Bizworld´s theory is based on the Dale’s Cone of Experience. Have you heard of it? This model incorporates what the researchers have been studying for years about instructional design and learning processes. Edgar Dale theorized that learners retain more information by what they “do” as opposed to what is “heard”, “read” or “observed”. His research led to the development of the Cone of Experience. Basically, the most effective methods of teaching involve direct purposeful learning experiences, such as hands-on or field experience which represents realistic life experiences. This is what Bizworld Ireland is all about. Today, this “learning by doing” has become known as “experiential learning” or “action learning”. The cone is explained below:
BizWorld workshops are delivered in the classroom over a two-day period by specially-trained BizWorld Ireland tutors. Instead of teaching the basics of entrepreneurship, business and finance by showing how the entrepreneurial cycle operates. The pupils are taken through the entire entrepreneurial cycle by developing their own business – from company formation and applying for jobs in their companies, to market research with younger classes in the school, and then designing, producing and marketing their business idea.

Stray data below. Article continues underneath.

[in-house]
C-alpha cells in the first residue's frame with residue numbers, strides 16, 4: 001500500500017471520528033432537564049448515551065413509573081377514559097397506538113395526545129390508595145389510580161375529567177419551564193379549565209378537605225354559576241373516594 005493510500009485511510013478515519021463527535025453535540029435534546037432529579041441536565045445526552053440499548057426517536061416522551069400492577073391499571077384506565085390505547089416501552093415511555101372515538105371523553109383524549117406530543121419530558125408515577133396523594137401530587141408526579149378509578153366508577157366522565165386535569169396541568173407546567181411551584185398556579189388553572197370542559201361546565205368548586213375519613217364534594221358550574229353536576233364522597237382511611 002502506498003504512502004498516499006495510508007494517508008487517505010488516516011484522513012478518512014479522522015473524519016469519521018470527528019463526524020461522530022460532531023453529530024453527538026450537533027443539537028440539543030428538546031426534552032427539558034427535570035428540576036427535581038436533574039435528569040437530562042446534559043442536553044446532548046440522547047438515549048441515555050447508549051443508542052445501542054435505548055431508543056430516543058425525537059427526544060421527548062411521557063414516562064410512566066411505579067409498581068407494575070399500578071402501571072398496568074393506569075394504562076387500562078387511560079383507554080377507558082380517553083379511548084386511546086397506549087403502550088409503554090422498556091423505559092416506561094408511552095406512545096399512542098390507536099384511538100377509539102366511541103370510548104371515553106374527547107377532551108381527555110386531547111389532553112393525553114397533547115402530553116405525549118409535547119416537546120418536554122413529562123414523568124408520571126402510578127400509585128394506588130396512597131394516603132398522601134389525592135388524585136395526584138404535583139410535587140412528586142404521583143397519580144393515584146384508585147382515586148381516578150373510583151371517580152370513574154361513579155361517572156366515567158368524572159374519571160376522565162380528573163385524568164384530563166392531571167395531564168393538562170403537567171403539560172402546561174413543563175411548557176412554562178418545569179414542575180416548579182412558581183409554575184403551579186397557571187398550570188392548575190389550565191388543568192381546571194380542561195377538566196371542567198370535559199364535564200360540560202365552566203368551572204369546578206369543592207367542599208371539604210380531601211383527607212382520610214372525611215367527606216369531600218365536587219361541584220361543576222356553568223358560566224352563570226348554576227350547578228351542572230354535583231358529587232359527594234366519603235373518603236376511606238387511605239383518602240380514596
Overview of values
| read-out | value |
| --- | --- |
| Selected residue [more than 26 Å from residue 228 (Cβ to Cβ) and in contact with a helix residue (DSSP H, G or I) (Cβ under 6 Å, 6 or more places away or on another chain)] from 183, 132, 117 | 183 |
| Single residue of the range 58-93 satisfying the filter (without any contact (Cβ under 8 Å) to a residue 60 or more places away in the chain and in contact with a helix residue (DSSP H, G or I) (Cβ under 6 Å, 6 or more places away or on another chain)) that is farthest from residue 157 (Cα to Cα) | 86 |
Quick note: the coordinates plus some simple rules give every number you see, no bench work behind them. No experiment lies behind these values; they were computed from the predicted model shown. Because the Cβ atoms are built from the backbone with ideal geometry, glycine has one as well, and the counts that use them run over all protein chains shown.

Dale´s research suggests that when choosing an instructional method that involves direct purposeful participation by students as they perform tasks during the learning process, knowledge retention rises to 90%. The BizWorld pupils are really tested by pitching for investment to a real local businessperson, who hears each company’s pitch and decides how many ‘BizBucks’ to invest in their company.
It has been shown that the activities implemented by Bizworld give the children the opportunity to experience real life situations and get a feel for how a business operates. 93% said that they have learnt new skills as a result of the Bizworld workshops.
Anderson, Heide Milia. The Dale´s Cone Experience.
Diamond, Robert M. Designing and Improving Courses and Curricula in Higher Education. San Francisco, Jossey-Bass, 1989.
Dale, Edgar. Audio-Visual Methods in Teaching, 3rd ed., Holt, Rinehart & Winston, New York, 1969, p.108
Bruner, Jerome S. Toward a Theory of Instruction, Harvard University Press, Cambridge, MA, 1966, p. 49.